NOTE: This column was completed several days before the announcement that EA CEO John Riccitiello has stepped down from his position. But this kind of served to make this column more timely than ever. While I don't really mention Riccitiello below, you can read this as a list of mistakes that led to his resignation.
Last week I accused EA of being brain-dead, tone-deaf, inept, and clueless. I also said that their main problem isn't greed. I'll go even further and say that the EA leadership isn't evil. And even though I said their policies were "brain dead", I'm willing to bet the EA board of directors is made up of some reasonably intelligent, well-educated guys.
Having said that, this is a company with problems beyond the pricing and convenience issues I mentioned last week. Even if you don't work there or buy their games - even if all you care about is bottom-line stock price - this is still a badly run company that's failing to live up to its potential.
Some people defend EA by saying, "They're making money, so they must be doing something right." But this is setting the bar really low. EA has some of the most valuable IP in the industry, they have massive clout, they own some of the most prestigious development houses (Maxis and BioWare are the obvious ones) and their products shape the way non-gamers see and judge our hobby. When you look at the way they keep prices high on their back catalog and the way they ratchet up prices with DLC, it's clear that their products are also the most expensive. If you've got popular products and high prices, your profits should also be high, right?
But in reading their financial reports, it's clear this is not a thriving company. All that muscle is going to waste. Some years are better than others, but even their good earnings are modest in the face of their size. This is like having a major-league pitcher pulling down the salary of your average IT professional. Sure it's good money, but it's nowhere near what he should be making.
Sometimes they even post losses. Videogames are growing and growing, reaching bigger audiences and coming to dominate our culture, and yet this videogame publishing juggernaut hums along in first gear, not going anywhere and occasionally laying off a few hundred people. Compare this to Valve, who regularly boasts massive growth (50% last year) that seems much more in line with the growth of the industry as a whole.
So let's look at why such a powerful company is having such meager success. A disclaimer: This is not financial advice. Another disclaimer: You don't need to haggle over things like, "But that decision was BioWare's fault!" or "Actually, Maxis did that!" The leaders of these divisions are people approved or even appointed by the EA leadership, and those people are striving to please their bosses like any sane employee. We're taking a high-level view of the company here, and don't need to concern ourselves with the gossipy stuff going on behind the scenes. Ultimately the blame for the actions of a corporation falls at the feet of the leadership, so that's where we're putting it.
So we have a powerhouse company in a booming industry that really isn't going anywhere. Here's my outsider's perspective on what they're doing wrong.
1. Failing to understand different game markets
Have you ever noticed how some people are just really, really offended by the idea that EA sells new copies of FIFA and Madden every year with little more than a roster update? Do you know who doesn't mind this? People who buy FIFA and Madden games.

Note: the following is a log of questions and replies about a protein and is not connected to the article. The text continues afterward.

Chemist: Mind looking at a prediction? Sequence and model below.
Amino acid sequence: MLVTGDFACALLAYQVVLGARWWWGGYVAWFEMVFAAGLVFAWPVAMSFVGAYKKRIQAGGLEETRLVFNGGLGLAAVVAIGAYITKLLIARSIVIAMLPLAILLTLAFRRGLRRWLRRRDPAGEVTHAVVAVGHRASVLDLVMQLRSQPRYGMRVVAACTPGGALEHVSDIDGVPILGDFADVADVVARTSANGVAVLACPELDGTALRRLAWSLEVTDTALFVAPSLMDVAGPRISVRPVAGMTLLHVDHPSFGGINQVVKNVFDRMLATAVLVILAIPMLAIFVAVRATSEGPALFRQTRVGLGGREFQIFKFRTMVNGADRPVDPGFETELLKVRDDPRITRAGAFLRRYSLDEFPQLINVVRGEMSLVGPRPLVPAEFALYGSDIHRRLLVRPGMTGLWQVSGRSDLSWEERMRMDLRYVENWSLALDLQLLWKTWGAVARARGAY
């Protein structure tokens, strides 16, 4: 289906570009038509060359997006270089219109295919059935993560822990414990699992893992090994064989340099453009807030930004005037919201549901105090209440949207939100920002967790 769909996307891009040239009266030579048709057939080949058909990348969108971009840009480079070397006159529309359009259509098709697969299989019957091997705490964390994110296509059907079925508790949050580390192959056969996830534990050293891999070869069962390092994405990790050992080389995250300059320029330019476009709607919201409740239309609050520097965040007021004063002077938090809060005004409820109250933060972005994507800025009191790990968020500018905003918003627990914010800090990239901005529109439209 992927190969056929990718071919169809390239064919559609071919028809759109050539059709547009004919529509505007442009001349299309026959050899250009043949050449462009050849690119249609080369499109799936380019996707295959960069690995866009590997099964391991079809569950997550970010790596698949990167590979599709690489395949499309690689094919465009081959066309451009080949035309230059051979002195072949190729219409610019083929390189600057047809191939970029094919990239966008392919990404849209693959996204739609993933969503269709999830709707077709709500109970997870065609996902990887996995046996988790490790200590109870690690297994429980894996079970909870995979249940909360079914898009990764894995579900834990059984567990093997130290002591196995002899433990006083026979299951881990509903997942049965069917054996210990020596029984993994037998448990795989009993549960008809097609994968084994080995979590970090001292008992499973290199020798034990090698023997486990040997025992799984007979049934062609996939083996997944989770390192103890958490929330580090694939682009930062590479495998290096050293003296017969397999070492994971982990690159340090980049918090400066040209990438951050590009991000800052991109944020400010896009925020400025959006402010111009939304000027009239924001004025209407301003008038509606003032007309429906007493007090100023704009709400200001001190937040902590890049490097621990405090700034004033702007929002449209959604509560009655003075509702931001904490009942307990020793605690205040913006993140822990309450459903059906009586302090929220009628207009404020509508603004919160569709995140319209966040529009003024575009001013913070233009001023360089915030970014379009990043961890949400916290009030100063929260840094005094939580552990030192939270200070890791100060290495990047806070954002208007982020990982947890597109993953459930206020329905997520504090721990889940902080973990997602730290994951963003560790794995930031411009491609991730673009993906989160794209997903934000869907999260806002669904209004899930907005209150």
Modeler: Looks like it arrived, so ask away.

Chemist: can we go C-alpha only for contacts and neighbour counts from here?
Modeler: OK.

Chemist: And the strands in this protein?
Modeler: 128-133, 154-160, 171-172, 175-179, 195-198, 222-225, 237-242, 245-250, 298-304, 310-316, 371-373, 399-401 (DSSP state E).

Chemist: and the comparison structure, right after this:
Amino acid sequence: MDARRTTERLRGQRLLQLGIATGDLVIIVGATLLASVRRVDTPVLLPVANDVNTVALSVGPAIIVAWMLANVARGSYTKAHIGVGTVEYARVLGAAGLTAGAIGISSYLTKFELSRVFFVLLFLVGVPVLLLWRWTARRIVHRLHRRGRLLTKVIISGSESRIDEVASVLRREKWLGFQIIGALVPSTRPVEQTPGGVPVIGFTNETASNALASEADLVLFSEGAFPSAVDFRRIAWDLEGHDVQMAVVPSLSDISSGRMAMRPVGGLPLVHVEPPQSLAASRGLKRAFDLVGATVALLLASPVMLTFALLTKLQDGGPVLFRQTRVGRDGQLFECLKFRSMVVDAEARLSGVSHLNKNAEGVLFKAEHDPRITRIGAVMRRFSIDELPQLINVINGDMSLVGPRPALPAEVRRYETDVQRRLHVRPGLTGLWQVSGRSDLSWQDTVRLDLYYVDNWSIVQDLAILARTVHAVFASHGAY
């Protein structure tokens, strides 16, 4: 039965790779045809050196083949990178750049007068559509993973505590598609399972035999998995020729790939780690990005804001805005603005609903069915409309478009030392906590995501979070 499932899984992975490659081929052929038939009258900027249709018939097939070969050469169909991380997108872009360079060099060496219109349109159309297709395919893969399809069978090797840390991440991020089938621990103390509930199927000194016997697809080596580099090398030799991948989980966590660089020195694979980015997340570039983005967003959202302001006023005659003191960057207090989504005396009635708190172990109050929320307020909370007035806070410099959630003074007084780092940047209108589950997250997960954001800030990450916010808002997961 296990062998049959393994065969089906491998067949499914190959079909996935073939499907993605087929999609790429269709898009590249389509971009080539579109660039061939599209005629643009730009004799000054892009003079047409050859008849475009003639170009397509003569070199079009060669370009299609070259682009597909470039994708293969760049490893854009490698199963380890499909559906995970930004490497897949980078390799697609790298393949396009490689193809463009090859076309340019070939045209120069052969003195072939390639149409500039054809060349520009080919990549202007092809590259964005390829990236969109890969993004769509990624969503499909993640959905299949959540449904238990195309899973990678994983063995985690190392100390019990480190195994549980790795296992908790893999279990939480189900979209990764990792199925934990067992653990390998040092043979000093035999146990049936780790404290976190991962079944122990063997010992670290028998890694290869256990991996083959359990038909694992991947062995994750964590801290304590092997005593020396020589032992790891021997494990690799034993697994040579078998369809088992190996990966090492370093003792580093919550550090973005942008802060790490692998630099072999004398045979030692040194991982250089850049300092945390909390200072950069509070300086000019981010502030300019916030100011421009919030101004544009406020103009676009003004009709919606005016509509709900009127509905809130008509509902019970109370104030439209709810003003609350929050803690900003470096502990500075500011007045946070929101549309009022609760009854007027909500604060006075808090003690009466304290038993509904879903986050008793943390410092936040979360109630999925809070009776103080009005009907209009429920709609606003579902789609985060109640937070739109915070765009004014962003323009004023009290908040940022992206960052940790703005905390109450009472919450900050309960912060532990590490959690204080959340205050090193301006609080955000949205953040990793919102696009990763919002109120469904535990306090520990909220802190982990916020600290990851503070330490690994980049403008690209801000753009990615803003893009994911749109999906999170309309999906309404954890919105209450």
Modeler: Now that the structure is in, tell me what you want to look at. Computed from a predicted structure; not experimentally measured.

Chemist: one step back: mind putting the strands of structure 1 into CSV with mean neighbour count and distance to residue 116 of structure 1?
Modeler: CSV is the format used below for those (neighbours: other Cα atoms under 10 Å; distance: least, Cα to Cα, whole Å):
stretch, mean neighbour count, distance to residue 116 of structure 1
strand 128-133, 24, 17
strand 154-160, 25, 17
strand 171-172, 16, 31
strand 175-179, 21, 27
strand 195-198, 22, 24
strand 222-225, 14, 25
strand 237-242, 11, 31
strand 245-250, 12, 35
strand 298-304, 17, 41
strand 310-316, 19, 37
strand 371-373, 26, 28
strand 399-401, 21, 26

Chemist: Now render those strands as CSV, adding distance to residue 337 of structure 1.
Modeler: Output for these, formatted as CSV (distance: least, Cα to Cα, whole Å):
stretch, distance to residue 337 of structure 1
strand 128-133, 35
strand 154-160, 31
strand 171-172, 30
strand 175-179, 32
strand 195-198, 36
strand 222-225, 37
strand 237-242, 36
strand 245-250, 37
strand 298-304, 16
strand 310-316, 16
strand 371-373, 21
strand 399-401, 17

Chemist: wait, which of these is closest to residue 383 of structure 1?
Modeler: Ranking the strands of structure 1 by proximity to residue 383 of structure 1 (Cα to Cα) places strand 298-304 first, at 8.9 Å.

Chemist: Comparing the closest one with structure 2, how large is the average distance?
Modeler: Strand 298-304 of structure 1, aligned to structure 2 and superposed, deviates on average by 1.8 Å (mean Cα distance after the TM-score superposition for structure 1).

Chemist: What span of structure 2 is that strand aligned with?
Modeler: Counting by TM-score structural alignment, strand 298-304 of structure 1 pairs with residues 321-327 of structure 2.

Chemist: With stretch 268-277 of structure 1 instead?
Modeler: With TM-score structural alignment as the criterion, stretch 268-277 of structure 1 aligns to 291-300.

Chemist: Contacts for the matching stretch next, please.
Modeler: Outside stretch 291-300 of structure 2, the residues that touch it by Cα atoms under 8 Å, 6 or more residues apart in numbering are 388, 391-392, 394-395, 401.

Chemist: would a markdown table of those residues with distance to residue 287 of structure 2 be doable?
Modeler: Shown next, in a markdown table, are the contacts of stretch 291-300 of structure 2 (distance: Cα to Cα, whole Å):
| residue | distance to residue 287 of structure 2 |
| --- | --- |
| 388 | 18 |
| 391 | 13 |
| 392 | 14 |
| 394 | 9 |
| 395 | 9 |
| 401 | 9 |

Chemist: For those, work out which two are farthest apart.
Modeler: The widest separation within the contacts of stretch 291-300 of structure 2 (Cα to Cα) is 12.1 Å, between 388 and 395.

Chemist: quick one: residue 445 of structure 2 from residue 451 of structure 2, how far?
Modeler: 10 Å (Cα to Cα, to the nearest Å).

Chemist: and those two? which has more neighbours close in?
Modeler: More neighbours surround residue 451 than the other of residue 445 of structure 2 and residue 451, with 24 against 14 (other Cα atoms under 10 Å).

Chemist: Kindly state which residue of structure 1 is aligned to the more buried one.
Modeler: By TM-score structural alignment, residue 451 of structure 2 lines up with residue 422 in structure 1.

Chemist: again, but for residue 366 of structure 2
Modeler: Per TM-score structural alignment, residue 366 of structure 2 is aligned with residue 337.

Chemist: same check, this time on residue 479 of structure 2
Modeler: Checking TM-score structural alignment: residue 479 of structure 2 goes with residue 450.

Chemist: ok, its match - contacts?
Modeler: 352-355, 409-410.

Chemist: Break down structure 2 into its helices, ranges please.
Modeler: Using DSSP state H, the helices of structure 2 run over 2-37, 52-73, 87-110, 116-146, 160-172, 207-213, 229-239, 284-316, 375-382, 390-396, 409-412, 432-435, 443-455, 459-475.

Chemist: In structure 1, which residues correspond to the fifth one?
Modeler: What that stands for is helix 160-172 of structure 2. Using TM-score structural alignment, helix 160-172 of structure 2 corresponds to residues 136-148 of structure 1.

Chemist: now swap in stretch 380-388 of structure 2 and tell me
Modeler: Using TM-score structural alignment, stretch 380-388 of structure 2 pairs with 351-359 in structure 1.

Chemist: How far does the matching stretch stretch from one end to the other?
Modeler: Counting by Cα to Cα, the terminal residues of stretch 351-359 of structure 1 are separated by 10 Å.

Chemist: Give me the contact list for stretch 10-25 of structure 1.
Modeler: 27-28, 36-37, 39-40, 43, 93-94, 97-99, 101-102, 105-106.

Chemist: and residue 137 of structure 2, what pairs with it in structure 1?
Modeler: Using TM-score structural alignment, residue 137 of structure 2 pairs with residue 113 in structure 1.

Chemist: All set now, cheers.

This shows a pretty clear difference in what these fans expect from their favorite titles. BioWare RPG fans don't want yearly releases that amount to an oversized mission pack. The Dead Space Necromorphs can wear out their welcome quickly, and playing a new Dead Space game every year would just burn out the franchise entirely. Yet EA is pushing for shorter release schedules on these action games because yearly release works well for sports games.
Mass Effect probably took three or four years to develop under the then-independent BioWare. Mass Effect 2 took three years. Mass Effect 3 took just two years. Dragon Age 2 was rumored to have been in development for less than a year. I'm sure you can remember the controversies and player frustrations that surrounded these latter two games. While shorter development cycles are crucial for sports games, they're actually harmful for other kinds of games, and the publisher's failure to understand this has damaged the names of good developers and (formerly) successful franchises.
2. Crash spending
There's an engineering joke about the follies of trying to solve problems with manpower. It takes many forms, but the general idea is "If one chef can make a cake in an hour, then twelve chefs should be able to finish the cake in five minutes!" The big publishers keep complaining about the rising cost of game development. But why are costs going up? We've been stuck in the same graphics generation since 2005 or so. Since we're not chasing new graphics, games should be getting cheaper.
The only reason to be spending more is if we're trying to make games faster by hiring more chefs. But roleplaying games are not sports games, and have different developmental needs. The rules of football (either one) don't change from year-to-year, but people playing action games want each title to bring something fresh or interesting to the table. It takes time and iteration to balance that gameplay and time to write those stories, and throwing more people at the problem has diminishing returns and a negative impact on quality. Instead of a wonderful arthouse of worldbuilding and experimentation, you end up with a conveyor belt where people crank out 3D models.